The justices voted 5-3 to allow the government to inspect and challenge what it calls "pay-for-delay" deals or "reverse settlements."
"This court's precedents make clear that patent-related settlement agreements can sometimes violate anti-trust law," said Justice Stephen Breyer, who wrote the court's opinion.
Reverse settlements arise when generic companies file a challenge at the Food and Drug Administration to the patents that give brand-name drugs a 20-year monopoly. The generic drugmakers aim to prove the patent is flawed or otherwise invalid, so they can launch a generic version well before the patent ends.
Brand-name drugmakers then usually sue the generic companies, which sets up what could be years of expensive litigation. When the two sides aren't certain who will win, they often reach a compromise deal that allows the generic company to sell its cheaper copycat drug in a few years - but years before the drug's patent would expire. Often, that settlement comes with a sizable payment from the brand-name company to the generic drugmaker.
Drugmakers say the settlements protect their interests but also benefit consumers by bringing inexpensive copycat medicines to market years earlier than they would arrive in any case generic drugmakers took to trial and lost. But federal officials counter that such deals add billions to the drug bills of American patients and taxpayers, compared with what would happen if the generic companies won the lawsuits and could begin marketing right away.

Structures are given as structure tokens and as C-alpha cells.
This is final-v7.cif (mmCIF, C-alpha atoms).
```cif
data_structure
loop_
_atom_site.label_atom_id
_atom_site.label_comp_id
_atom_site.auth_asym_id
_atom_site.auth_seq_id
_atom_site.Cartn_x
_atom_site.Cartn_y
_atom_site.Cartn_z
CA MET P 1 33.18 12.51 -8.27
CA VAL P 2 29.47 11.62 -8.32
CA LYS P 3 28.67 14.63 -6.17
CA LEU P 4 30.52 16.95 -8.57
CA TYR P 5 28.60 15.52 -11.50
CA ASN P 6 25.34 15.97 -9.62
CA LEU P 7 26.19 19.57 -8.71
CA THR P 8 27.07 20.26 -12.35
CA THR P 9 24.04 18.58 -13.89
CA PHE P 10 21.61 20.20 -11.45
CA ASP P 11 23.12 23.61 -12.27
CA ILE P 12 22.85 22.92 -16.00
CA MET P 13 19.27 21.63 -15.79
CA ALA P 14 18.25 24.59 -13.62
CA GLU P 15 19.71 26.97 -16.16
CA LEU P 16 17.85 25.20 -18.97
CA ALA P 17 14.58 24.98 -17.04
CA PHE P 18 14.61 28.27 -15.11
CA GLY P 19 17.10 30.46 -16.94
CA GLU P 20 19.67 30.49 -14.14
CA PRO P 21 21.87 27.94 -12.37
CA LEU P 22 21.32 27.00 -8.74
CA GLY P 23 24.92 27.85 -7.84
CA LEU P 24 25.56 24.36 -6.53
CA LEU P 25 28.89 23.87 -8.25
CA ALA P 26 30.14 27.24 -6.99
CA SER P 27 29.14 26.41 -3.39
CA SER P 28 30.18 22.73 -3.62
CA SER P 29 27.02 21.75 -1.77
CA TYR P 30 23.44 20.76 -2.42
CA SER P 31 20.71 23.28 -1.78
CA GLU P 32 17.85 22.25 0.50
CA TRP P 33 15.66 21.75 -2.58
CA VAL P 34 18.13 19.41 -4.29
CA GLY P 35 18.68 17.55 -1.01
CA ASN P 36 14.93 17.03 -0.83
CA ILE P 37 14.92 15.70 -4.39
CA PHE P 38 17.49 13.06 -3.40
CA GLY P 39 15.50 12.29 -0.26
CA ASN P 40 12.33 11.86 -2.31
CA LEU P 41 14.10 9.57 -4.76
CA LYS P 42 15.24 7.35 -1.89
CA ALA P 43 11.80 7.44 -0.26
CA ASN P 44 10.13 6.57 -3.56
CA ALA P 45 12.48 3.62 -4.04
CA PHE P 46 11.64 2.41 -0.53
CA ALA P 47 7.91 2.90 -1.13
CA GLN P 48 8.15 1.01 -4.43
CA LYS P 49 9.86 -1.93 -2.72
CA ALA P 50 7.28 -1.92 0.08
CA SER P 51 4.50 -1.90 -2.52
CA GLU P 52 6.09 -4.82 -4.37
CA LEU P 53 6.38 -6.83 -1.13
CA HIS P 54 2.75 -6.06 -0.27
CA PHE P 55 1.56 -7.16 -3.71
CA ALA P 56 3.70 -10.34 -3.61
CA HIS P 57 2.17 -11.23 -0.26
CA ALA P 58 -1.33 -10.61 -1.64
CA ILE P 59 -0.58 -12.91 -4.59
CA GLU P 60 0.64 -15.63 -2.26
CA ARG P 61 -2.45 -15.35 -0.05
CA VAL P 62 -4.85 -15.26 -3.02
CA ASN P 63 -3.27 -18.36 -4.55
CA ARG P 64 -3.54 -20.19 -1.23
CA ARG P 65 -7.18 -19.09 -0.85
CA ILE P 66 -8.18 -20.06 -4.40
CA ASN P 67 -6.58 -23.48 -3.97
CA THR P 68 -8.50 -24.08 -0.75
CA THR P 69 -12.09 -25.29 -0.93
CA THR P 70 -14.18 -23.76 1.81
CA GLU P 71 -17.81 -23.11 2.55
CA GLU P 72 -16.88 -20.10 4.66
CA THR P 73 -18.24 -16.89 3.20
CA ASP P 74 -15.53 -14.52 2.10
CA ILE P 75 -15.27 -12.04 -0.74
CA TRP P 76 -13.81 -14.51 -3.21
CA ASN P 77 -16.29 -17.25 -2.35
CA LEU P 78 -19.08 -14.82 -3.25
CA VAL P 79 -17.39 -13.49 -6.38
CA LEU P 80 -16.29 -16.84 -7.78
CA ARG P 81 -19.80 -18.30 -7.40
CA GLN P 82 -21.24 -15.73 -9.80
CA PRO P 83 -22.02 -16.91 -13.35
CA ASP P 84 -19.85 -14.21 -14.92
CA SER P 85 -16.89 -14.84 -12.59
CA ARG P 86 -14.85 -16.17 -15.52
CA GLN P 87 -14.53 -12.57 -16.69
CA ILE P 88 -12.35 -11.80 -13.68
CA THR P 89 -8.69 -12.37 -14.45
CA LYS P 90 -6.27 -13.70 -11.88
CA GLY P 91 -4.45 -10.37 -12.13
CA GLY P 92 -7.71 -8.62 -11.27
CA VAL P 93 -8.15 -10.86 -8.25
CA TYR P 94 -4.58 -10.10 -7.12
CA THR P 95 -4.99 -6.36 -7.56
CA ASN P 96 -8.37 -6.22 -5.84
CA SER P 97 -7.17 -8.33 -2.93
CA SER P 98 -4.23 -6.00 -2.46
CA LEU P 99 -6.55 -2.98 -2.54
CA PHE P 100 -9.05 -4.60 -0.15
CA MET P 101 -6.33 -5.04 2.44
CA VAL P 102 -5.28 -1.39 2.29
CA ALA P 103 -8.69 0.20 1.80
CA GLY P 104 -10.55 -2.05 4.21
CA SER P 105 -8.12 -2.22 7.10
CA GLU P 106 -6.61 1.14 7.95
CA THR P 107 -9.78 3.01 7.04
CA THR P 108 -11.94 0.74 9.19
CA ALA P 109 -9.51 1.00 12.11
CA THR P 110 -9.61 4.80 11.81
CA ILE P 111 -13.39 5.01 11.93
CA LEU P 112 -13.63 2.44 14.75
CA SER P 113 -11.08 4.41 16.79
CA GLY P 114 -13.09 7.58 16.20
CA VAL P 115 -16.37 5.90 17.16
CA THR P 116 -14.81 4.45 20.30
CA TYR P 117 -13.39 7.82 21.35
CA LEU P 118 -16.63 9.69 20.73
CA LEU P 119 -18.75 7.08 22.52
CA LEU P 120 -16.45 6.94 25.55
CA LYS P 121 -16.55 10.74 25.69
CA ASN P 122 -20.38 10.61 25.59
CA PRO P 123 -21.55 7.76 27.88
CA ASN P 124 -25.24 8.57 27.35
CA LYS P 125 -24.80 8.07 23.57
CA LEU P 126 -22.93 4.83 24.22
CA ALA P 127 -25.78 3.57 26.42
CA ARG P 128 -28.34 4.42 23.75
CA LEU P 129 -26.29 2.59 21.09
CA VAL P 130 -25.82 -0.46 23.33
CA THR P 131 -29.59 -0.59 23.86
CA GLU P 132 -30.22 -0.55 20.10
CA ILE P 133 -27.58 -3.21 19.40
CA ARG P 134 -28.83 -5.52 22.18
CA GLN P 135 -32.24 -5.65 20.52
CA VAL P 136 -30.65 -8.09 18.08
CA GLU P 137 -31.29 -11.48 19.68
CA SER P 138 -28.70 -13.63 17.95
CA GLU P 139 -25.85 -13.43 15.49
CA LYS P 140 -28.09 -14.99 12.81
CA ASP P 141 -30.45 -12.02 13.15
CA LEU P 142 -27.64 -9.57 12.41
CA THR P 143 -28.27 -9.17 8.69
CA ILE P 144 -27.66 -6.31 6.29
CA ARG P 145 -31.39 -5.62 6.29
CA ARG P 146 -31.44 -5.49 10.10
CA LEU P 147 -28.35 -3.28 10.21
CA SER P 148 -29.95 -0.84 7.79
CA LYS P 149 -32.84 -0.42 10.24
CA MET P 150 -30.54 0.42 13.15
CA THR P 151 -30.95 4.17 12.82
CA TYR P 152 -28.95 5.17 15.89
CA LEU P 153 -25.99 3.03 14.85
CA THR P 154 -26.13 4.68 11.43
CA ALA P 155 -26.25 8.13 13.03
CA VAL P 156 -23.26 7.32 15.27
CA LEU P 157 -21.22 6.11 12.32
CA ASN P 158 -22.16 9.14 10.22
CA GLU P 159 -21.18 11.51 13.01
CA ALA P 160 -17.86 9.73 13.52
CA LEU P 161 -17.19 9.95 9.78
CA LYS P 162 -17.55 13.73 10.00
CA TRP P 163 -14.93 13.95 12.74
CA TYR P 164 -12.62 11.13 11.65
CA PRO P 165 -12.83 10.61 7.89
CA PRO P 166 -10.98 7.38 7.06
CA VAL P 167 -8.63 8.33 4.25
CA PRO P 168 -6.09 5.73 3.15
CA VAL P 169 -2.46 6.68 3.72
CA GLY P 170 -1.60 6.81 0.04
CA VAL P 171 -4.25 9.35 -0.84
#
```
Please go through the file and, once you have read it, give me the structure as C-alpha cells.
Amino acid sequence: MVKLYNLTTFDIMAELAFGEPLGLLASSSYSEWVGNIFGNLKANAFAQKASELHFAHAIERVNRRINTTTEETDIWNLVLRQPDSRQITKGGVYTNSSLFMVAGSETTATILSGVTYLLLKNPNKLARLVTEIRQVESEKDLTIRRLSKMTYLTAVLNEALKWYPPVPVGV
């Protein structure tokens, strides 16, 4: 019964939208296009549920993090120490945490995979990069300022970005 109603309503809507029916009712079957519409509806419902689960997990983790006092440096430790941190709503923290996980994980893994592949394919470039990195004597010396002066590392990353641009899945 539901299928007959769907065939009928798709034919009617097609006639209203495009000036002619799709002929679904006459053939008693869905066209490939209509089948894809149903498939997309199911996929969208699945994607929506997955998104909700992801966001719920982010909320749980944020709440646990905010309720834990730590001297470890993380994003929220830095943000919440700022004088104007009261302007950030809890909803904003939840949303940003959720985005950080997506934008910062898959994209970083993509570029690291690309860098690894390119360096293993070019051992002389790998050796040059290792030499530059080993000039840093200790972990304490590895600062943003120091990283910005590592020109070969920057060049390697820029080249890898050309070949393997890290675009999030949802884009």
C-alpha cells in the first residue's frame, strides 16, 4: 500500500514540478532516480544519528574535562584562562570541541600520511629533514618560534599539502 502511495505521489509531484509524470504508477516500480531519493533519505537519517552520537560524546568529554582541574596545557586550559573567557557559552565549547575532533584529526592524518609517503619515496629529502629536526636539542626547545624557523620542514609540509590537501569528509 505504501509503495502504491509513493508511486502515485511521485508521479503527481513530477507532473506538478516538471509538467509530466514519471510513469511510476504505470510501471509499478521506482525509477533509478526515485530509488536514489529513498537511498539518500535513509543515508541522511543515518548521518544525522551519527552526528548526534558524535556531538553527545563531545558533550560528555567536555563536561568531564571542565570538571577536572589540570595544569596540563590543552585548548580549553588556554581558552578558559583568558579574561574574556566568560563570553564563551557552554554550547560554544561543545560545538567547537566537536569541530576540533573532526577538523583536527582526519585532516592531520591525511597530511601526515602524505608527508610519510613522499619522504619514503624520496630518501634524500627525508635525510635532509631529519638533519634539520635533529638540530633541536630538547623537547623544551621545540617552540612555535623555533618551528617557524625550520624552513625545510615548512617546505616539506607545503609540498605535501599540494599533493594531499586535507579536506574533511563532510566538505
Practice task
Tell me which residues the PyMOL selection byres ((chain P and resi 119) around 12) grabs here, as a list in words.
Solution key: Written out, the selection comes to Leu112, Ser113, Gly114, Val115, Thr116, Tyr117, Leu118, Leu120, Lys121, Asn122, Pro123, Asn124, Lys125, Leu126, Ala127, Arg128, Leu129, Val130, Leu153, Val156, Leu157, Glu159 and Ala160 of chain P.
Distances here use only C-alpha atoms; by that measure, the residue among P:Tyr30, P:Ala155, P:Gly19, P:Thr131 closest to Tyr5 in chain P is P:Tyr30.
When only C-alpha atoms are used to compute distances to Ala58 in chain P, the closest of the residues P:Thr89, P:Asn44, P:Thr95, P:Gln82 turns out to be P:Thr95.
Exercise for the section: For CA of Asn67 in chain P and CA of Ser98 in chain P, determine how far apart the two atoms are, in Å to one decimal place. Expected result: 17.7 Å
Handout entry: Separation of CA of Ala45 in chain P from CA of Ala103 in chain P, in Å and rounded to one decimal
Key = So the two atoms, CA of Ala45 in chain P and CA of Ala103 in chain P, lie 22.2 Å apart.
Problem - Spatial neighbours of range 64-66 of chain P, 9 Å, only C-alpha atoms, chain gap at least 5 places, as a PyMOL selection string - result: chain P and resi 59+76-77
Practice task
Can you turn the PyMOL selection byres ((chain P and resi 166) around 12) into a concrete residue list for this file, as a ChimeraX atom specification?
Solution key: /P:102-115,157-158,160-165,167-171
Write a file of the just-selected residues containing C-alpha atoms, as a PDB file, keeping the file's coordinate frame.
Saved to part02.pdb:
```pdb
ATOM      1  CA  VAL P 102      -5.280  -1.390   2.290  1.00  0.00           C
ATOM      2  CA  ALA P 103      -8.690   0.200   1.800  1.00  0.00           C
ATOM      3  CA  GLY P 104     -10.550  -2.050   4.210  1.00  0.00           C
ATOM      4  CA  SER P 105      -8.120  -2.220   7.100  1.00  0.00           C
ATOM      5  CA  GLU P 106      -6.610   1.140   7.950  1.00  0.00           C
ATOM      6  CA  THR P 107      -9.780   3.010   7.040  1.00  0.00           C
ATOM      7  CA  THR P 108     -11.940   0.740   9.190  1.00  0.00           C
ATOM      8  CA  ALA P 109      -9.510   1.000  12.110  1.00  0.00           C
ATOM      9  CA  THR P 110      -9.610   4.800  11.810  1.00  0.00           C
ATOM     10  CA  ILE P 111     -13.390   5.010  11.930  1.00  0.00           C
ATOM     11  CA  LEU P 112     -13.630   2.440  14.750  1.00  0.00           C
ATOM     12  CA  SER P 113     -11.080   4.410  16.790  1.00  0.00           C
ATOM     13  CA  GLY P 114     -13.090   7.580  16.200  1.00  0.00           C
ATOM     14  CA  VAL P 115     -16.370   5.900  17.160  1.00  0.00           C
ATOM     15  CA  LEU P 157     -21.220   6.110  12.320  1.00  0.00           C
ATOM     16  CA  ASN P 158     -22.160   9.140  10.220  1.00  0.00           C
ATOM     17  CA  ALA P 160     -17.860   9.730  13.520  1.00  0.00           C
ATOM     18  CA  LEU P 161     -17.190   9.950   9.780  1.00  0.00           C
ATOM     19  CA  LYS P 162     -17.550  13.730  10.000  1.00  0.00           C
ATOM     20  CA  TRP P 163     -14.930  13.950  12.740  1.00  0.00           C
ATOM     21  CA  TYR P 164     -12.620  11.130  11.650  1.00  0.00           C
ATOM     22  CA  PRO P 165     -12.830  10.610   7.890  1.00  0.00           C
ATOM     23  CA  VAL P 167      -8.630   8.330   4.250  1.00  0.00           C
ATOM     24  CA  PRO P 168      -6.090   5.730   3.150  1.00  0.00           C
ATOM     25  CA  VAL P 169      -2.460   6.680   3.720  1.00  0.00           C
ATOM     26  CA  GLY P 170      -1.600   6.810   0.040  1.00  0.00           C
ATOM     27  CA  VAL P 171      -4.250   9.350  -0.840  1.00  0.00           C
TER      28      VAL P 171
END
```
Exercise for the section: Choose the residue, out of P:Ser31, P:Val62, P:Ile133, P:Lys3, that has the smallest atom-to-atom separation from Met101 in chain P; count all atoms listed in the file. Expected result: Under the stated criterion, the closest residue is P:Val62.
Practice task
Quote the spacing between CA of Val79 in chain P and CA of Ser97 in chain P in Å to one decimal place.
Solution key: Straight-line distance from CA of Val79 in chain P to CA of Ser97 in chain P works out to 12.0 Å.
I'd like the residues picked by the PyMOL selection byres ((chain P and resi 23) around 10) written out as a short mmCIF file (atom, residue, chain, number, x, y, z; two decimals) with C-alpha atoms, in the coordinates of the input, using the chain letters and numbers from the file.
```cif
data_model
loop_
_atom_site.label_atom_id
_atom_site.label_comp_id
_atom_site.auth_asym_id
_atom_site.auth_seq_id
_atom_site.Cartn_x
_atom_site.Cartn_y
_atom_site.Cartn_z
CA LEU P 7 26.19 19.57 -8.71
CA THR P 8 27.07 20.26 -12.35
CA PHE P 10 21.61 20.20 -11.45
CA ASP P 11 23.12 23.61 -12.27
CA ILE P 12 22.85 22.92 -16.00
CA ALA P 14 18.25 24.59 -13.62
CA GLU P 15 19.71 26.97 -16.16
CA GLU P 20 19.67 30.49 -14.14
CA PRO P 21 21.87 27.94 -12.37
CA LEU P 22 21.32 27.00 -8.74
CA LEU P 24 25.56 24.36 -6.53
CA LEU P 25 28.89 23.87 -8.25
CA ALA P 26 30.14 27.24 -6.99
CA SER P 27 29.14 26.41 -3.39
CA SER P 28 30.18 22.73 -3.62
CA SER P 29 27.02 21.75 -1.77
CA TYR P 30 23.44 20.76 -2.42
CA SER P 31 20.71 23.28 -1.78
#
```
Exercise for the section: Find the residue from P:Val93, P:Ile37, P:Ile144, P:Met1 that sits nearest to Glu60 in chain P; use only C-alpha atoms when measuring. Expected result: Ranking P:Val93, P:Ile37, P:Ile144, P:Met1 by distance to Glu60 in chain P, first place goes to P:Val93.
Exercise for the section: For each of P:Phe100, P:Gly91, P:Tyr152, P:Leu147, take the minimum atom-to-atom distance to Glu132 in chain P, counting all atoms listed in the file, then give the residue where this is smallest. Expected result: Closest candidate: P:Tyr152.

Chief Justice John Roberts, who wrote the dissent for himself and Justices Antonin Scalia and Clarence Thomas, said ordinarily the high court would say that any deal that would end costly and time-consuming litigation would be thought of as a good thing.
"The majority's rule will discourage settlement of patent litigation," Roberts said. "Simply put, there would be no incentive to settle if, immediately after setting, the parties would have to litigate the same issue - the question of patent validity - as part of a defense against an antitrust suit."
The Justice Department asked the court to rule that all reverse settlements were illegal, but Breyer said that was going too far. The deals' "complexities lead us to conclude that the FTC must prove its case," he said.
Justice Samuel Alito did not take part in the case.
The case is Federal Trade Commission vs. Actavis, Inc., 12-416.